One surprising result for us was to see many of the students’ playing thrive in the spring. Whether it was the lack of other weekly activities, the boredom of not going to school, practising being the one normal activity to carry on, or starting online group classes in May, many of them continued to progress well, if not better. Since our annual large group concert in June was impossible, we opted for virtual solo recitals. After the internet woes we had experienced with some of the early lessons, we chose to live-stream pre-recorded recitals on YouTube. Students recorded solos at home, many on smart phones, sent them to us, and invited family and friends to attend virtually. The advantages of pre-recording: by the time anyone was satisfied with their recording, much practising was accomplished! Nobody’s performance was ruined by internet lag, and performers were able to sit back and enjoy the recital without the stress of having to play. It was such a success that we repeated the same format in December.
Our online group classes of five or six students at a time consist largely of playing solos and commenting on each other’s playing. It’s been interesting to see the progression of insight develop as the kids are learning to hear and describe phrasing, emotion, energy, tone colours. One of the best parts for me has been to see just how supportive they are of each other. Quite possibly, having to play solos for each other every two weeks has been the biggest motivational support. We’ve had review weeks, etude week, new pieces, some fiddle tunes and lots of Twinkles, but the consistent expectation and routine of having to perform regularly has been very beneficial. As an added extra, because the groups are so small, the students have gotten to know each other much better.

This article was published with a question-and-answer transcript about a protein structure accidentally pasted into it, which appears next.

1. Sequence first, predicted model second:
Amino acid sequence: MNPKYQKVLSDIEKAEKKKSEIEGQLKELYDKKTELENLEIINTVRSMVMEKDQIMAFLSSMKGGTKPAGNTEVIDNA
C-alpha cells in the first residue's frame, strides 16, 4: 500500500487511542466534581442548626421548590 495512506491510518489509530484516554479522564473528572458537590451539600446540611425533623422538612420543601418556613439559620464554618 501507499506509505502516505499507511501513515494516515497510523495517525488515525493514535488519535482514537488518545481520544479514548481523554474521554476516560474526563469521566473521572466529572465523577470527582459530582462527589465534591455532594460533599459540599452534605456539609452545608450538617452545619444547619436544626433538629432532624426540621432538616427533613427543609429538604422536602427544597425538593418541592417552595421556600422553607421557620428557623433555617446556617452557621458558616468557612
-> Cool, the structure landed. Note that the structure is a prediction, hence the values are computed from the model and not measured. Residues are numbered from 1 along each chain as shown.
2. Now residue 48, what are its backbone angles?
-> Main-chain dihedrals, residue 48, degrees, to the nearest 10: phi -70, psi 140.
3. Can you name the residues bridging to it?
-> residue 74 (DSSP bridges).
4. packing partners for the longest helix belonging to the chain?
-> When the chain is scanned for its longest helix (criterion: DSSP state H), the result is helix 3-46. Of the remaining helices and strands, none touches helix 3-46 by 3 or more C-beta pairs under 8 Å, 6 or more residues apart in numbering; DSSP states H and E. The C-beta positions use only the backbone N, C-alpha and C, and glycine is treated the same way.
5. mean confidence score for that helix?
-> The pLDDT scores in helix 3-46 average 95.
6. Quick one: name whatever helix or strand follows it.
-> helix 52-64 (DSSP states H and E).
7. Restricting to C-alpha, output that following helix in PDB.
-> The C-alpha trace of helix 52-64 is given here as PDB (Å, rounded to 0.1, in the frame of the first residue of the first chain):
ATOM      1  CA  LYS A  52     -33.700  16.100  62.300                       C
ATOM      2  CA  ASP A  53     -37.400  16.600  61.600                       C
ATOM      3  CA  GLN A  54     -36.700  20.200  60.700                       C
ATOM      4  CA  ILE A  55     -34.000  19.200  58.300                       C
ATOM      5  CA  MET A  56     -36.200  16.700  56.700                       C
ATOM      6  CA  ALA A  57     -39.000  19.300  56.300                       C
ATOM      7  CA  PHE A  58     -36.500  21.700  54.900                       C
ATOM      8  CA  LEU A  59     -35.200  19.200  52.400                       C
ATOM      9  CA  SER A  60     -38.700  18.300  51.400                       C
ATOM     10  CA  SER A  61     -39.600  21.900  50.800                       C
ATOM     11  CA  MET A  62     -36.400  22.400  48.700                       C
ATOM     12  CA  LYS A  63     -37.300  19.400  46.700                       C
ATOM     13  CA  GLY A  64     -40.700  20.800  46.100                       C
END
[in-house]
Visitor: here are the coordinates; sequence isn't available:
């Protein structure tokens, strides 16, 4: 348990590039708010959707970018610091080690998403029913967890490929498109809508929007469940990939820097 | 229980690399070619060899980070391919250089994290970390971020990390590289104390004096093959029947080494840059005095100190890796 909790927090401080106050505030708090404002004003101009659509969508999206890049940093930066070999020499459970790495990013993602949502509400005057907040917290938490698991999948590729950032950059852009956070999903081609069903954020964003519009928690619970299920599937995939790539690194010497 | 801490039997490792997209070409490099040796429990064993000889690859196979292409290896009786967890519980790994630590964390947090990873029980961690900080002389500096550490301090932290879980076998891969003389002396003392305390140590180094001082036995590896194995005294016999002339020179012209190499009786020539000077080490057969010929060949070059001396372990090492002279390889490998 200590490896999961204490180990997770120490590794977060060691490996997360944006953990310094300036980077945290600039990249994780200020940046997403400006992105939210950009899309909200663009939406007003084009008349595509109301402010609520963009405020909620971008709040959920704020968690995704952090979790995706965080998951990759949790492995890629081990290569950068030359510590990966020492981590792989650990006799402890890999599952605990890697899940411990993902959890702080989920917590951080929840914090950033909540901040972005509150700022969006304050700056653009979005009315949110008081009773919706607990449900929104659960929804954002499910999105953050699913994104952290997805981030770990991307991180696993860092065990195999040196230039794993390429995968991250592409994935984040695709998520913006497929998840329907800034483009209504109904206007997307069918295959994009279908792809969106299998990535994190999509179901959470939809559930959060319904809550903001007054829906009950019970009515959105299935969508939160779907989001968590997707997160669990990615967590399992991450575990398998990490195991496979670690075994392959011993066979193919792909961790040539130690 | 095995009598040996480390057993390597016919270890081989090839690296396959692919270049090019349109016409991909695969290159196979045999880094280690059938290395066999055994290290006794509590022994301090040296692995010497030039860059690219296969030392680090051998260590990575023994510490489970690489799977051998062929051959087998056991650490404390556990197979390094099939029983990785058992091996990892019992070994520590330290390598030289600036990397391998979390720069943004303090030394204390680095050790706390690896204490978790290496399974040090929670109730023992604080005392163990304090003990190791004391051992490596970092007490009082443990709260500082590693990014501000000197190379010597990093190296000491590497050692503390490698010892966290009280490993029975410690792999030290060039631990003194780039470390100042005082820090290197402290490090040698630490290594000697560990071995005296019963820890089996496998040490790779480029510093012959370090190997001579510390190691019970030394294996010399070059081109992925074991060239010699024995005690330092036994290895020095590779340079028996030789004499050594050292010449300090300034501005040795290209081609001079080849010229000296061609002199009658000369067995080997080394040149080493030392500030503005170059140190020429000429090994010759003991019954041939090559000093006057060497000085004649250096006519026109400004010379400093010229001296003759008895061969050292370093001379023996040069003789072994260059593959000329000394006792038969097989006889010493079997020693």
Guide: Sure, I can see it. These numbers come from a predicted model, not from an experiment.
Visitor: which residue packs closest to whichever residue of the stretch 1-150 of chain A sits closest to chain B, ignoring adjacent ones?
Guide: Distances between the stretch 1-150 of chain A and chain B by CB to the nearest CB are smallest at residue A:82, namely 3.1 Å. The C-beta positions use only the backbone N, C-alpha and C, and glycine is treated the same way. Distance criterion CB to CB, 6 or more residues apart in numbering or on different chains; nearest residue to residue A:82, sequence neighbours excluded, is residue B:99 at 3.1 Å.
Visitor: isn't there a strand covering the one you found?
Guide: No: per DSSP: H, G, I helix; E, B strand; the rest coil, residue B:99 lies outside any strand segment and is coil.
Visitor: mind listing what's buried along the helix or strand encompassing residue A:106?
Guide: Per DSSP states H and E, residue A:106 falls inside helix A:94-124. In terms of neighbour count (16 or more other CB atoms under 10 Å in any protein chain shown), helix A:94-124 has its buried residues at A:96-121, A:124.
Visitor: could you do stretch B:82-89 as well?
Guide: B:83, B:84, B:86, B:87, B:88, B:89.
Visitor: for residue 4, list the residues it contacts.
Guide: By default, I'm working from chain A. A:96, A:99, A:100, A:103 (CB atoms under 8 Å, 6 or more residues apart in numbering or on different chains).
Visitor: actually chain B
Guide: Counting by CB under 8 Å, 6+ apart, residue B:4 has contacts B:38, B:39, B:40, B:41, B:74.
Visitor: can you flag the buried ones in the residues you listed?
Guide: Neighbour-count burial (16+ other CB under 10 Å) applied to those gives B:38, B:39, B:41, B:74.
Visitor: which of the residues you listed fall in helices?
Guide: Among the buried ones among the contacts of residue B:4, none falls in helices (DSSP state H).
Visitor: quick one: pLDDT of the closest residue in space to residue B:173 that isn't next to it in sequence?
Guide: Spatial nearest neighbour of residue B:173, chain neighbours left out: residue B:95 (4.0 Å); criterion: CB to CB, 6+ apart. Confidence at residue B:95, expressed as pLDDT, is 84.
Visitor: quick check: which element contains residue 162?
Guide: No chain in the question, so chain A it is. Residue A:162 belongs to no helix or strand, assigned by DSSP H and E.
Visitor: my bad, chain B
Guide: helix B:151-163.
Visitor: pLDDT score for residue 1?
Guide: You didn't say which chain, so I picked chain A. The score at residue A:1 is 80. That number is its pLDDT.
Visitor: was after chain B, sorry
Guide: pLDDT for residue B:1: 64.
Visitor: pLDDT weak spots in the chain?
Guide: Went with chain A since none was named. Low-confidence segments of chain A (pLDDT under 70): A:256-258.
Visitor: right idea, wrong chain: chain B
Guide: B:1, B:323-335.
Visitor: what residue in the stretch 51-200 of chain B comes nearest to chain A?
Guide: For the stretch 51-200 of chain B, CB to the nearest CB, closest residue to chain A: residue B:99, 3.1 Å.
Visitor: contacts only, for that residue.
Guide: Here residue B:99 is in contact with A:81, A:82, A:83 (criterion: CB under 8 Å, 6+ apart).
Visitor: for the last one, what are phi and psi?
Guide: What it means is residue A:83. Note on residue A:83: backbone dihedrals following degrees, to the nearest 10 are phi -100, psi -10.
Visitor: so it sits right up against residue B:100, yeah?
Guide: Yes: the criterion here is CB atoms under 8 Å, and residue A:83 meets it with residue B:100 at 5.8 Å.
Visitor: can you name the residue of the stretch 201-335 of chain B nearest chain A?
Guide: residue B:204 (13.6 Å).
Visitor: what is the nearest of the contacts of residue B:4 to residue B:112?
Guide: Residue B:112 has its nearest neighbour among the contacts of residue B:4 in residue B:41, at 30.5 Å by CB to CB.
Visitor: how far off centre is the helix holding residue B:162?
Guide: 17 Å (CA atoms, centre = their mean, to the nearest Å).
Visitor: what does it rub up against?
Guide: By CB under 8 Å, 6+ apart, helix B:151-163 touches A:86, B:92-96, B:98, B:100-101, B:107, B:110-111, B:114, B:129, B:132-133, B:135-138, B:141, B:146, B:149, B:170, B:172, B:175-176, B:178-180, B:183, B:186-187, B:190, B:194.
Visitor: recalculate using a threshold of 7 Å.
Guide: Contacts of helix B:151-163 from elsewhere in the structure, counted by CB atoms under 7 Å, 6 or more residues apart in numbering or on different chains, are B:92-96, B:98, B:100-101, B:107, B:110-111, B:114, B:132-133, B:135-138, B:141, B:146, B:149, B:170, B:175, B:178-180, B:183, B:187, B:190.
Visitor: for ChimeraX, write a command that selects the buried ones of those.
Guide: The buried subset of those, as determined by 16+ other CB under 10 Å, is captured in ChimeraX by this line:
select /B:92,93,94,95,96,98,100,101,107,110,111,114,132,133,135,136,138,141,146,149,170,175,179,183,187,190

So here we are, one year in, without a clear end in sight quite yet. Everyone has eyestrain, more of the young ones have new glasses, but the music is still playing! Here’s to dreaming of a time when we can all play together again!